This Is What Happens When a Crypto Divorce Goes Wrong
Last week, the Financial Times gave advice to someone who was wondering if they could re-negotiate their divorce — now that “crypto winter” has caused one party to lose more than half of their assets.
“When we negotiated last autumn, the crypto market was riding high and I was convinced it would go higher still, but following the recent crash my digital assets have more than halved in value. I’m now considerably worse off than my ex and worried about my financial future,” the advice-seeker wrote.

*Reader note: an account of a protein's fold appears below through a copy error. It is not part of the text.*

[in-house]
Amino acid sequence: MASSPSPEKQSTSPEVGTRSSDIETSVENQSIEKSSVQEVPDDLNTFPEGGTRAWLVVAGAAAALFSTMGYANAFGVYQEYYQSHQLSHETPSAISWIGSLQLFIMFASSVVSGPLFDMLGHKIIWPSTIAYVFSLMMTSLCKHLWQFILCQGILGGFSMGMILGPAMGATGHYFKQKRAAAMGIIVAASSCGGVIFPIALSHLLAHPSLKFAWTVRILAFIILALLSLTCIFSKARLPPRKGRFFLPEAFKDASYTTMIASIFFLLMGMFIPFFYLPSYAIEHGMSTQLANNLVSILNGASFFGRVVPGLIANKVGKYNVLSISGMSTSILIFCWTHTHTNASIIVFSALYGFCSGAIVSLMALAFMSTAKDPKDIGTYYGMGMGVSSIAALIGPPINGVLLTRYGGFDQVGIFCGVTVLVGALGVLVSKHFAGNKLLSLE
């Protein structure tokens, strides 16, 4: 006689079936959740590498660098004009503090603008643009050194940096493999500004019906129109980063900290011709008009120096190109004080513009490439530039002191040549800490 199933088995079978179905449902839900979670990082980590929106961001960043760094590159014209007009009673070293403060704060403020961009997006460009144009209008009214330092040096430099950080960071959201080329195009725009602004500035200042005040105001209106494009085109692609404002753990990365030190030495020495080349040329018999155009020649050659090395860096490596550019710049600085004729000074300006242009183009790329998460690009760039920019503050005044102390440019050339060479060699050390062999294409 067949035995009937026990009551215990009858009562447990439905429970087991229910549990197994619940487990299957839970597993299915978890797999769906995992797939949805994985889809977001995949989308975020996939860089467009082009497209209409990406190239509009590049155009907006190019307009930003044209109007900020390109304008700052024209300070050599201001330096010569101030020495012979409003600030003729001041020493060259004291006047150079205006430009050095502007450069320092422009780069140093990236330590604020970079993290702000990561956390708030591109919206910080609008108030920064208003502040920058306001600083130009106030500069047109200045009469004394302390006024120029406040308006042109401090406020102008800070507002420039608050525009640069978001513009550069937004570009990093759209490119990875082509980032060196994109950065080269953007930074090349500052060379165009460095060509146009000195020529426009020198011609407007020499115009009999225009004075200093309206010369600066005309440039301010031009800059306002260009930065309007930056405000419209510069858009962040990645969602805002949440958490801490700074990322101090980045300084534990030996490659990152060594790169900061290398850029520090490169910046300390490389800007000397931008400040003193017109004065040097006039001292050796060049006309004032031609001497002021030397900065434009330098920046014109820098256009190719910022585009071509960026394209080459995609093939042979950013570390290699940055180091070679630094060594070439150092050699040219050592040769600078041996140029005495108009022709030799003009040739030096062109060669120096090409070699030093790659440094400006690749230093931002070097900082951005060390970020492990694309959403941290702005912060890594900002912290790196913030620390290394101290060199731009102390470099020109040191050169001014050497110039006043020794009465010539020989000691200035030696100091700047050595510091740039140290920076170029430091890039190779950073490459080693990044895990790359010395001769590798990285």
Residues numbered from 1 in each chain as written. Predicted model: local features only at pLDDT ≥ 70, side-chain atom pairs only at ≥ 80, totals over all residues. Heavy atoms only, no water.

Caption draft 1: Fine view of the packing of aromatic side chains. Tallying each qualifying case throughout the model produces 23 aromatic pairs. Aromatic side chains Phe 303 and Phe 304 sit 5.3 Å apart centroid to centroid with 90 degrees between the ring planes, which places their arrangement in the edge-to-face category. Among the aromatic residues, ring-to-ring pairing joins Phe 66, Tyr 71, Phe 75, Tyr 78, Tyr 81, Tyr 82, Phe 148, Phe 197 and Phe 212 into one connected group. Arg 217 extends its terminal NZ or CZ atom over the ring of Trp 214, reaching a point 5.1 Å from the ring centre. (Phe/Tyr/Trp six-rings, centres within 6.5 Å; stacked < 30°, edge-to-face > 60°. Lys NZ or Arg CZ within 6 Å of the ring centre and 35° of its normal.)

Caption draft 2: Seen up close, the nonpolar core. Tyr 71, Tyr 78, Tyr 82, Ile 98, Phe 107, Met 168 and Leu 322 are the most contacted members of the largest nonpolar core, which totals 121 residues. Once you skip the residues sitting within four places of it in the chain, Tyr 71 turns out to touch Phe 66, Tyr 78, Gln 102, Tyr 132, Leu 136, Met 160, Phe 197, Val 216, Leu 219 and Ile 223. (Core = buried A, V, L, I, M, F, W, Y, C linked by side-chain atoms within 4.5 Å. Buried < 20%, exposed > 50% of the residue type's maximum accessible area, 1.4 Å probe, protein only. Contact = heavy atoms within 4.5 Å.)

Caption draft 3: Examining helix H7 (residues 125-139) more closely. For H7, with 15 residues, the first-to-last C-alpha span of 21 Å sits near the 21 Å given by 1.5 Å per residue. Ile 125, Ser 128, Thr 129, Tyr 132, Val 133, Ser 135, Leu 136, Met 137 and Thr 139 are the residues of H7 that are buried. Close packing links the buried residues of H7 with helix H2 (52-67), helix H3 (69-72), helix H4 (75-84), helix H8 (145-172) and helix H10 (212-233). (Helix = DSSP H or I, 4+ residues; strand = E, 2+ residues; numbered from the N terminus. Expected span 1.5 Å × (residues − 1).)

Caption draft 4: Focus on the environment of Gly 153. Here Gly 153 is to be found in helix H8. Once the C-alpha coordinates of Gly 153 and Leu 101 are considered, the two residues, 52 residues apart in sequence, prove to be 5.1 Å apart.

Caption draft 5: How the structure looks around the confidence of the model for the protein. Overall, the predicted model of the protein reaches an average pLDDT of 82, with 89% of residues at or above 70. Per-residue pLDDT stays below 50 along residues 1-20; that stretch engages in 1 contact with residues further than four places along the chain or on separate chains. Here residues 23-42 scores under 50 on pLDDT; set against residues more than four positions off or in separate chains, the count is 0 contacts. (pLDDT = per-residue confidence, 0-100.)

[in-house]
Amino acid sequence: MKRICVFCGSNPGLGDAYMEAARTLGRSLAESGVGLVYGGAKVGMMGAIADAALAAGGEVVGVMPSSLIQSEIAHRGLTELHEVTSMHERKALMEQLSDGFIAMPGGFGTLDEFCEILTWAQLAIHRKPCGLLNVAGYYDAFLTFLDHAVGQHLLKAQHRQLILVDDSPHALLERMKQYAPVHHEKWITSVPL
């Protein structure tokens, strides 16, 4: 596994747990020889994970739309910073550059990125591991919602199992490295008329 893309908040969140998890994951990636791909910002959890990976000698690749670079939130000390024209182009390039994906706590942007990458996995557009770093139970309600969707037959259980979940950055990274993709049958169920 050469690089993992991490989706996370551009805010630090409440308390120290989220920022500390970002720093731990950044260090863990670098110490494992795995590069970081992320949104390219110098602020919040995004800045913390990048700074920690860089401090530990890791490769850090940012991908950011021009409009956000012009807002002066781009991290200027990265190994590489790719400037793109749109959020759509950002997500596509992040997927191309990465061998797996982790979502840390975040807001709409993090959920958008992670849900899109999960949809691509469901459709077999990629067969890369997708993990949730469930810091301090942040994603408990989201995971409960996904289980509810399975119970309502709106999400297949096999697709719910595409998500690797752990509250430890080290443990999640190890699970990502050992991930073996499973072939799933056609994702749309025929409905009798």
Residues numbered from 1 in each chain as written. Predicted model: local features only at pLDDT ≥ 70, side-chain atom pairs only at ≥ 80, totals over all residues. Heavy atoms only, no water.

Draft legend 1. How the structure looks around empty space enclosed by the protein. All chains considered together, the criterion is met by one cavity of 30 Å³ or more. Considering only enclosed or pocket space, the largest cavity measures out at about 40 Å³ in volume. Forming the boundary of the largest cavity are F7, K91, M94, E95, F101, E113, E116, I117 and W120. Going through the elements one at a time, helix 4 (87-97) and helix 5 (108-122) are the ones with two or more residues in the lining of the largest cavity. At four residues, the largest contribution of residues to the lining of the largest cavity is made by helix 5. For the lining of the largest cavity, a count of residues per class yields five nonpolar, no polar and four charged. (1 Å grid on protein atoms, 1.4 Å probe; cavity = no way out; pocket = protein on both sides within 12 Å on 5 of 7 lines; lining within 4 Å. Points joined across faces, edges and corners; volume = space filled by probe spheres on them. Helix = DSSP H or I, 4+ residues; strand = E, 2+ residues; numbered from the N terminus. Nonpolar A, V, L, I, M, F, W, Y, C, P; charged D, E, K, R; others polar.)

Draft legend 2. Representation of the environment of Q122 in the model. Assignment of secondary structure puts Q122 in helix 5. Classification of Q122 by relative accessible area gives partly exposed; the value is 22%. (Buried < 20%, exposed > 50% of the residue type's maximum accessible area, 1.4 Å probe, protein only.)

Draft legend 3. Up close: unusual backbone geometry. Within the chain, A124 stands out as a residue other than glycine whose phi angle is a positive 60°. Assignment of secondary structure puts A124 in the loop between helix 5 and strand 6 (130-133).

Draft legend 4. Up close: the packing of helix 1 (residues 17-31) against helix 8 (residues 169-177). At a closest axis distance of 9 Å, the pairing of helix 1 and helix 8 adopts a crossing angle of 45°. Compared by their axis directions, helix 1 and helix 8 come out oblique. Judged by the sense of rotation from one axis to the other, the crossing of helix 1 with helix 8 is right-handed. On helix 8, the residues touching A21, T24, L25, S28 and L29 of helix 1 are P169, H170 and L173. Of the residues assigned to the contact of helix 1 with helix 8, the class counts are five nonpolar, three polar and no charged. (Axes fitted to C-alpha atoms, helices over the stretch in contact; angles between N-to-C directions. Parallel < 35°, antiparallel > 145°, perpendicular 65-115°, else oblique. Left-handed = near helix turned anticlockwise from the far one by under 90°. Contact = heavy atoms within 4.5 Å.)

After choosing to keep the crypto, divorcee wants a do-over
The issue has begun to come up in divorces in the U.S., too, according to news articles and legal blogs.
“A cryptocurrency wallet, then, is no different than a bank account, retirement fund, or traditional investment account with stock and bond securities when it comes to New Jersey property division,” according to a blog from Lawrence Law, a divorce law firm.
You could split up those assets like you would any others, but with a few complications: It’s a more volatile asset, and there could be a risk of unpaid taxes or taxes being more easily hidden if the other partner doesn’t know as much about crypto. Divorce lawyers could “negotiate an agreement that the value of the crypto assets can be reevaluated before the asset division is final,” the blog added.